Few substances are tracked more closely and stored more carefully than the nuclear waste produced at power plants and elsewhere. So the properties of the large cylindrical containers used to hold material such as spent fuel rods must be known to a high accuracy. But it is very difficult to determine the mass of a heavily clad container with an irregular shape that is as long as a full-size car and can weigh 10 times as much. Not surprisingly, many measurement jobs of that scale end up at NIST.
"We can measure a 30,000 pound object to an uncertainty of less than one-tenth of one pound," says Zeina Kubarych, leader of the Mass and Force Group in PML's Quantum Measurement Division. That's around three parts in a million. "This is the only facility that I know of in the world that provides calibrations for this range of masses at this level of precision," she says.
Kubarych's team recently finished calibrating a set of six nuclear waste reference containers (called replica mass standards) ranging from 1,400 pounds to 32,500 pounds for U.S. Enrichment Corporation. Those containers will be used as reference calibration standards which will then be used to calibrate working units.
"For that kind of work, each of our measurement series can take several hours," says Mass and Force scientist Kevin Chesnutwood. "You have to stay very focused. The weights have to be placed on the scale in the same manner every time to achieve the best repeatability."
In addition, each measurement is corrected for other factors including air buoyancy, which in turn depends on the weather. "We do a real-time calculation of the air density, which is formulated from the barometric pressure and relative humidity," Chesnutwood says. "Our balance-beam scale, which has many, many knife edges, is also affected by the weather and is located in a very stable environment." The balance is rated for a maximum load of nearly 28,000 kilograms (approximately 61,000 pounds).
Nuclear canisters, however, are a comparative rarity. Much of the work in the large-mass facility consists of calibrating reference weights which are often deployed in deadweight machines, which in turn are typically used to calibrate load cells that convert mechanical force to electrical signals. Kubarych's team calibrated a set of weights and multiple load cells from Boeing which were used as reference standards during the stress tests performed on the airframe of the 787 Dreamliner. Similar jobs have been done for the U.S. Army and the Department of Agriculture.
"Often our customers don't just want them calibrated, but also adjusted to a certain mass value," Kubarych says. "That's usually done by adding material to adjustment cavities built into the weights, which are then sealed at completion. It takes a few iterations of measurements to achieve that – the process is special and very time-consuming.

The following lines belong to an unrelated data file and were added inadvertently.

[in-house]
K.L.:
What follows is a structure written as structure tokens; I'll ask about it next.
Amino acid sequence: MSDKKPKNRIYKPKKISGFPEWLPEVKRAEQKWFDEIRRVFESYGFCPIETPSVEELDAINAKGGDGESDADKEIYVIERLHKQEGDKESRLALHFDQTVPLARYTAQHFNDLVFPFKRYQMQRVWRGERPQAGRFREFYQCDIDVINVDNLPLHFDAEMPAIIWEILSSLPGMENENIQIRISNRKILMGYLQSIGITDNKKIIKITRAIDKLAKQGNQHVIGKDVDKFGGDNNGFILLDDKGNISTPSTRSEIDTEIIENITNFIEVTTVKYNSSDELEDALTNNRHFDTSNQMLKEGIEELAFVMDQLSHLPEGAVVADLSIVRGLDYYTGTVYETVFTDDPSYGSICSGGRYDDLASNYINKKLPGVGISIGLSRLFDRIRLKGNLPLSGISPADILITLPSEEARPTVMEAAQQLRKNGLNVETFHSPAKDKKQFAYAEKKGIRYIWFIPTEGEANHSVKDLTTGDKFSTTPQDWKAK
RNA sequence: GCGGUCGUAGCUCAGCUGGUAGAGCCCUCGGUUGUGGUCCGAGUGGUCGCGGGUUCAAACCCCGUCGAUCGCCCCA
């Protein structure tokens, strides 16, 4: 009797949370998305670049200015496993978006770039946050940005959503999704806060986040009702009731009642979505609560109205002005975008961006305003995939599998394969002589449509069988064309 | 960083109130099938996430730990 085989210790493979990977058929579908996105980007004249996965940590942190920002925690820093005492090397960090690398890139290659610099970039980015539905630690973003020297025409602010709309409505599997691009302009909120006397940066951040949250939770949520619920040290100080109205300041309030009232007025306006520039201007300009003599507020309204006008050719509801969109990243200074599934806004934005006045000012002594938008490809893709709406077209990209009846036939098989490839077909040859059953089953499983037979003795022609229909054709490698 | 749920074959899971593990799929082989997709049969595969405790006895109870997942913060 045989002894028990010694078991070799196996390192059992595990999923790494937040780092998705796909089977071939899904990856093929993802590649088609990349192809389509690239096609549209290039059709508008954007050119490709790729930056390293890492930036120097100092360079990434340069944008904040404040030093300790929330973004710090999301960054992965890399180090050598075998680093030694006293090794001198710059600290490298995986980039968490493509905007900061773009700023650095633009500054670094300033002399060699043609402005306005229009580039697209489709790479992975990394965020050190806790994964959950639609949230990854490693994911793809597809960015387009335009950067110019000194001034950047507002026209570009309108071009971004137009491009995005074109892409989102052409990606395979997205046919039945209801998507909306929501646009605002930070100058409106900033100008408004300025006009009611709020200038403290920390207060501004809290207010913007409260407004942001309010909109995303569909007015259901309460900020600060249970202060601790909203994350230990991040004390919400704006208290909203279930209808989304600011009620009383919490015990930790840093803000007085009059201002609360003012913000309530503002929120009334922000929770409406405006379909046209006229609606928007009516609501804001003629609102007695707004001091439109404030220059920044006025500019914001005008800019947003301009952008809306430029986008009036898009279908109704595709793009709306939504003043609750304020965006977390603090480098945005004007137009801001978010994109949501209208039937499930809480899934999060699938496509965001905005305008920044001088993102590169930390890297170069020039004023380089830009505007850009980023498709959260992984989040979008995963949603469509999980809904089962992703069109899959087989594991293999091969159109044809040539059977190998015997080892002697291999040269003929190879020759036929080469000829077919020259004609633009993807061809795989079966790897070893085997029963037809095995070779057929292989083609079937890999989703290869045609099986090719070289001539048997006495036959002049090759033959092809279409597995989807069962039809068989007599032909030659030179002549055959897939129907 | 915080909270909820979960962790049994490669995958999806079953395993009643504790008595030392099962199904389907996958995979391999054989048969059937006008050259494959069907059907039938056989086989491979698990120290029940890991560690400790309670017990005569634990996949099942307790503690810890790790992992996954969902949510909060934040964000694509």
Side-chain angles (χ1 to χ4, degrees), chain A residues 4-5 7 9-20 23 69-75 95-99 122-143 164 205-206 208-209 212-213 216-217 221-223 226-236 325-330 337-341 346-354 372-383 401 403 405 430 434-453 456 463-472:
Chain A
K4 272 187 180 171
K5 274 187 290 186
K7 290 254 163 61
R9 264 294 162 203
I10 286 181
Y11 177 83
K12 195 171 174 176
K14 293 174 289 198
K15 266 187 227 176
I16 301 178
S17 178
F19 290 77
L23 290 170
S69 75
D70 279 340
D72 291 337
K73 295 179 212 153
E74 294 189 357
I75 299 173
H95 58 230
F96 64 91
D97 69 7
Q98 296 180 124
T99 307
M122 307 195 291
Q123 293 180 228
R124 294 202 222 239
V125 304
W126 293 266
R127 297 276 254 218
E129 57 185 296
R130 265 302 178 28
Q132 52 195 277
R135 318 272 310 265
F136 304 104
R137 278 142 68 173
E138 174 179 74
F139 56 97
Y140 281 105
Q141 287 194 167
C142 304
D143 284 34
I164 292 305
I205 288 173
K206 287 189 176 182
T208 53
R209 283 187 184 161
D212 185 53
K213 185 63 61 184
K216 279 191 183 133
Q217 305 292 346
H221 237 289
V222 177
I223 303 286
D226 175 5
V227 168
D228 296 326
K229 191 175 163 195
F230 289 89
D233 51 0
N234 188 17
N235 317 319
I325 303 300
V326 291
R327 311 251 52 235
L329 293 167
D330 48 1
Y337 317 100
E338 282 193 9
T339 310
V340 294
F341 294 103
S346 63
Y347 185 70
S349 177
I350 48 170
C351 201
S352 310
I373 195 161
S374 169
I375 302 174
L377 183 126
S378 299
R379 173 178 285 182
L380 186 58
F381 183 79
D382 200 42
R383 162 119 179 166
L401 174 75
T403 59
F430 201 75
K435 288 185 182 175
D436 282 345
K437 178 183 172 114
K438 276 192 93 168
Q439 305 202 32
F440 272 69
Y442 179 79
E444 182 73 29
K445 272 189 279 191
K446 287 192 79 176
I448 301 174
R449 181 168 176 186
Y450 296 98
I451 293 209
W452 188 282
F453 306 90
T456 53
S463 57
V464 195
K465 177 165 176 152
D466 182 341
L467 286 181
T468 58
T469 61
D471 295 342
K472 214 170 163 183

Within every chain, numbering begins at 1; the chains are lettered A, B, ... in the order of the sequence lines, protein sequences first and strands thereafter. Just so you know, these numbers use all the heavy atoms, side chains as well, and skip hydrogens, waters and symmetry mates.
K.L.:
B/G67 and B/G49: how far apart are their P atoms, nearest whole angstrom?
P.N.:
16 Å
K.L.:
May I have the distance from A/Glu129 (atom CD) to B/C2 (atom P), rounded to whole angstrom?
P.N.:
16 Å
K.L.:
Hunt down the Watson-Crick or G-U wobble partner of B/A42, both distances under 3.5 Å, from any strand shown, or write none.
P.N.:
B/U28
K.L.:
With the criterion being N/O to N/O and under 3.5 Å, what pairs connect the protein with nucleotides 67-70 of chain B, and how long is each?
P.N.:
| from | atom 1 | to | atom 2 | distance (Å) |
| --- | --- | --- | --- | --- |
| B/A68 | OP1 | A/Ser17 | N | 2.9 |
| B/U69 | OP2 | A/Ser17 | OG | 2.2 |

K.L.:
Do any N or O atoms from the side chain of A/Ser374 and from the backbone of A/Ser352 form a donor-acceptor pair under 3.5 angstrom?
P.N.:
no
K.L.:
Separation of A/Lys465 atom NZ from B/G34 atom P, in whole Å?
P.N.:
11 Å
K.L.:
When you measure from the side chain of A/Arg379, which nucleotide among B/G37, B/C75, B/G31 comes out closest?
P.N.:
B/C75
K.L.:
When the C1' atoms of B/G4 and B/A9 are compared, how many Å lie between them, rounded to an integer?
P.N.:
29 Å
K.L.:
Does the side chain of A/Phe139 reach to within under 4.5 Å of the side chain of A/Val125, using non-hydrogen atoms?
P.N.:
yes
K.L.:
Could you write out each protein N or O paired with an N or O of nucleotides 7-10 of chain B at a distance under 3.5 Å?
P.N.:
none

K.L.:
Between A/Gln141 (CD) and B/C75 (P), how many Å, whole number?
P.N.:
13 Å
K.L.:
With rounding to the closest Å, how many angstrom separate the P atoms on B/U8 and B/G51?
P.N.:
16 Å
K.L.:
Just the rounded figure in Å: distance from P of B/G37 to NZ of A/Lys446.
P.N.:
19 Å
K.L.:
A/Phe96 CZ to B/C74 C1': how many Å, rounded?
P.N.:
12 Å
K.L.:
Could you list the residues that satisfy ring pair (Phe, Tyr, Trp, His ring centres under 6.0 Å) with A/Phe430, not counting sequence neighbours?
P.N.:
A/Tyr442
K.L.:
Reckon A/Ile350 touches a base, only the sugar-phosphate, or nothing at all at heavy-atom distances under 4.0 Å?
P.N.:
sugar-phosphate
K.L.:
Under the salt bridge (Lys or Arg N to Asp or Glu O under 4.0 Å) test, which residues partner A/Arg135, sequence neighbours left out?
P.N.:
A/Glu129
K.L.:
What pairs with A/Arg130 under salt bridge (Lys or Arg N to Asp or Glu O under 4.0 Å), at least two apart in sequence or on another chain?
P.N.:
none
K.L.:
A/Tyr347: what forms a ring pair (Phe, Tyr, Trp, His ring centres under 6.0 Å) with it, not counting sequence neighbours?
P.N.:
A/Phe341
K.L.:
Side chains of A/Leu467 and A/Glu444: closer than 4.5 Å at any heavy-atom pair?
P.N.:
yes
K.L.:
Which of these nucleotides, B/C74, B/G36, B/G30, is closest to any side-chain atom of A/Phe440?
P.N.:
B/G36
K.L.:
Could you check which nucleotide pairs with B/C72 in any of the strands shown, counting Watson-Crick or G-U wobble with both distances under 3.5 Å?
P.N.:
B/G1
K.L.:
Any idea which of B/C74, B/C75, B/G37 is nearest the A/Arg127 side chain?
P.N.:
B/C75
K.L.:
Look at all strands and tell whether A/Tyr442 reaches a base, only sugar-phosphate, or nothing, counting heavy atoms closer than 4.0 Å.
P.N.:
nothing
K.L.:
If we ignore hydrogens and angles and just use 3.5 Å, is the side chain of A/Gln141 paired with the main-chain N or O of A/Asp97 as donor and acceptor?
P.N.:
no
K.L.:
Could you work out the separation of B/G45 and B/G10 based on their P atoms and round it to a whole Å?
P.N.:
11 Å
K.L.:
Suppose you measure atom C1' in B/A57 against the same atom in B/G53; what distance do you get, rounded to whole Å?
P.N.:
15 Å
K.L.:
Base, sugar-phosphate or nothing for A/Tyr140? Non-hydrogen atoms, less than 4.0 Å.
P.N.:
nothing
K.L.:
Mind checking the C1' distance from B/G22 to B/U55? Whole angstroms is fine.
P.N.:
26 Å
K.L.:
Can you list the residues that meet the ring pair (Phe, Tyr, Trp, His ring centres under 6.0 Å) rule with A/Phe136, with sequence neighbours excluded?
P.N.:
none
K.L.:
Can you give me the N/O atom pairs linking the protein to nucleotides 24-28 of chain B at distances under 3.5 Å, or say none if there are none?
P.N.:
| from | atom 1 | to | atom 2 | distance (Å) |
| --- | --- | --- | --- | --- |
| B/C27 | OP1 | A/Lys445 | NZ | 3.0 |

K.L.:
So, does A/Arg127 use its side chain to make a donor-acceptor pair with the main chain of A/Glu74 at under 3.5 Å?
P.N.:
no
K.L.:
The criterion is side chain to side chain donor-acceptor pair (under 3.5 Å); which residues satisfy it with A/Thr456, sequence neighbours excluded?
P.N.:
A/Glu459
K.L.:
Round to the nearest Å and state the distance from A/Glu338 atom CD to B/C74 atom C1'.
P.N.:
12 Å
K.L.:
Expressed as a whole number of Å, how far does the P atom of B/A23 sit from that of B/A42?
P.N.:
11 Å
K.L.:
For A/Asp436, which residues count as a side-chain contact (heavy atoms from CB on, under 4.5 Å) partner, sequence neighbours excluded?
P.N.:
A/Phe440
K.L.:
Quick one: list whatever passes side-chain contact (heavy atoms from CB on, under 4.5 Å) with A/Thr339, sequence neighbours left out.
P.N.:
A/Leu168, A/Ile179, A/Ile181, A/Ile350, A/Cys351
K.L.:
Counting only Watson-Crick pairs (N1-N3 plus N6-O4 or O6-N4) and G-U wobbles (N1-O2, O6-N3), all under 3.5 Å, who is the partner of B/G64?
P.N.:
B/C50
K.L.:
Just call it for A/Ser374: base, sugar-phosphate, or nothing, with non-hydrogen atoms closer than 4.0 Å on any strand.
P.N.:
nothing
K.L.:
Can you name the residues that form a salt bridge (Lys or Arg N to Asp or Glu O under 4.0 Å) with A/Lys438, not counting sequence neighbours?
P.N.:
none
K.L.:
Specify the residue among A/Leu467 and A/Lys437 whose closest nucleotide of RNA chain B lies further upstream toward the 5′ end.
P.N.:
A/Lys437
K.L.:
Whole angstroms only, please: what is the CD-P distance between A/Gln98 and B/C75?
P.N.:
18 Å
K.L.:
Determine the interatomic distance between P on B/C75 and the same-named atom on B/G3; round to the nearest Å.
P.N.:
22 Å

"In addition, we consult a lot with people who are trying to design a deadweight machine and answer a lot of questions about calibrating the weights and what can we calibrate to what precision."
Everything, of course, has to be traceable to the U.S. primary national standard: the platinum-iridium artifact known as K20, one of the original 1884 replicas of the International Prototype Kilogram. So any changes in the Mass and Force Group's standards necessarily entail a chain of calibrations all the way up from K20 – which itself was recalibrated in 2010 against the international prototype.
This painstaking process, which proceeds seriatim from 1 kg to 2 kg to 5 kg to 10 kg to 20 kg to 50 kg, and so forth, eventually arrives at 500 pounds. (Very large masses are often expressed in pounds for historical reasons, just as many NIST measurements for the petroleum industry are expressed in gallons or barrels.)
From there, the stepwise process proceeds until there are fully calibrated 20,000 pound and 30,000 pound mass standards, which allows combinations of standards that enable the team to use the full capacity of the balance.
That entire sequence consumes a substantial amount of time. "Back in 2010, we acquired some new standard masses," Kubarych says. "Some of the older large masses were cast steel, and thus were not as stable over time as we need. So we supplemented what we already had with new standards, all stainless steel with well characterized densities. The old sets were decommissioned. But first we had to recalibrate those new standards all the way from the prototype. We finally finished in December of 2012."
"The whole dissemination process of working up and down from the kilogram to all of our working mass standards would take a solid six months of work if you did nothing," Chesnutwood says. "In practical terms, it can take up to two years."
With the new standards, and the implementation of statistical process control in all measurements, the group's uncertainties have improved over the past 10 years.
The whole large-mass facility was originally designed to enable periodic recalibration of the numerous 50,000 pound masses used in NIST's million-pound (4.448 meganewton) deadweight machine. But it quickly acquired a considerable customer base from industry, including U.S. Enrichment Corp.'s nuclear waste canisters.
"That's one of our most challenging jobs," Chesnutwood says, "handling objects that big that are not of nominal size and shape. But then, every large-mass job is sort of a special case in a sense. We need to know how the customers are going to use the measurements, because they are often used in unique circumstances."
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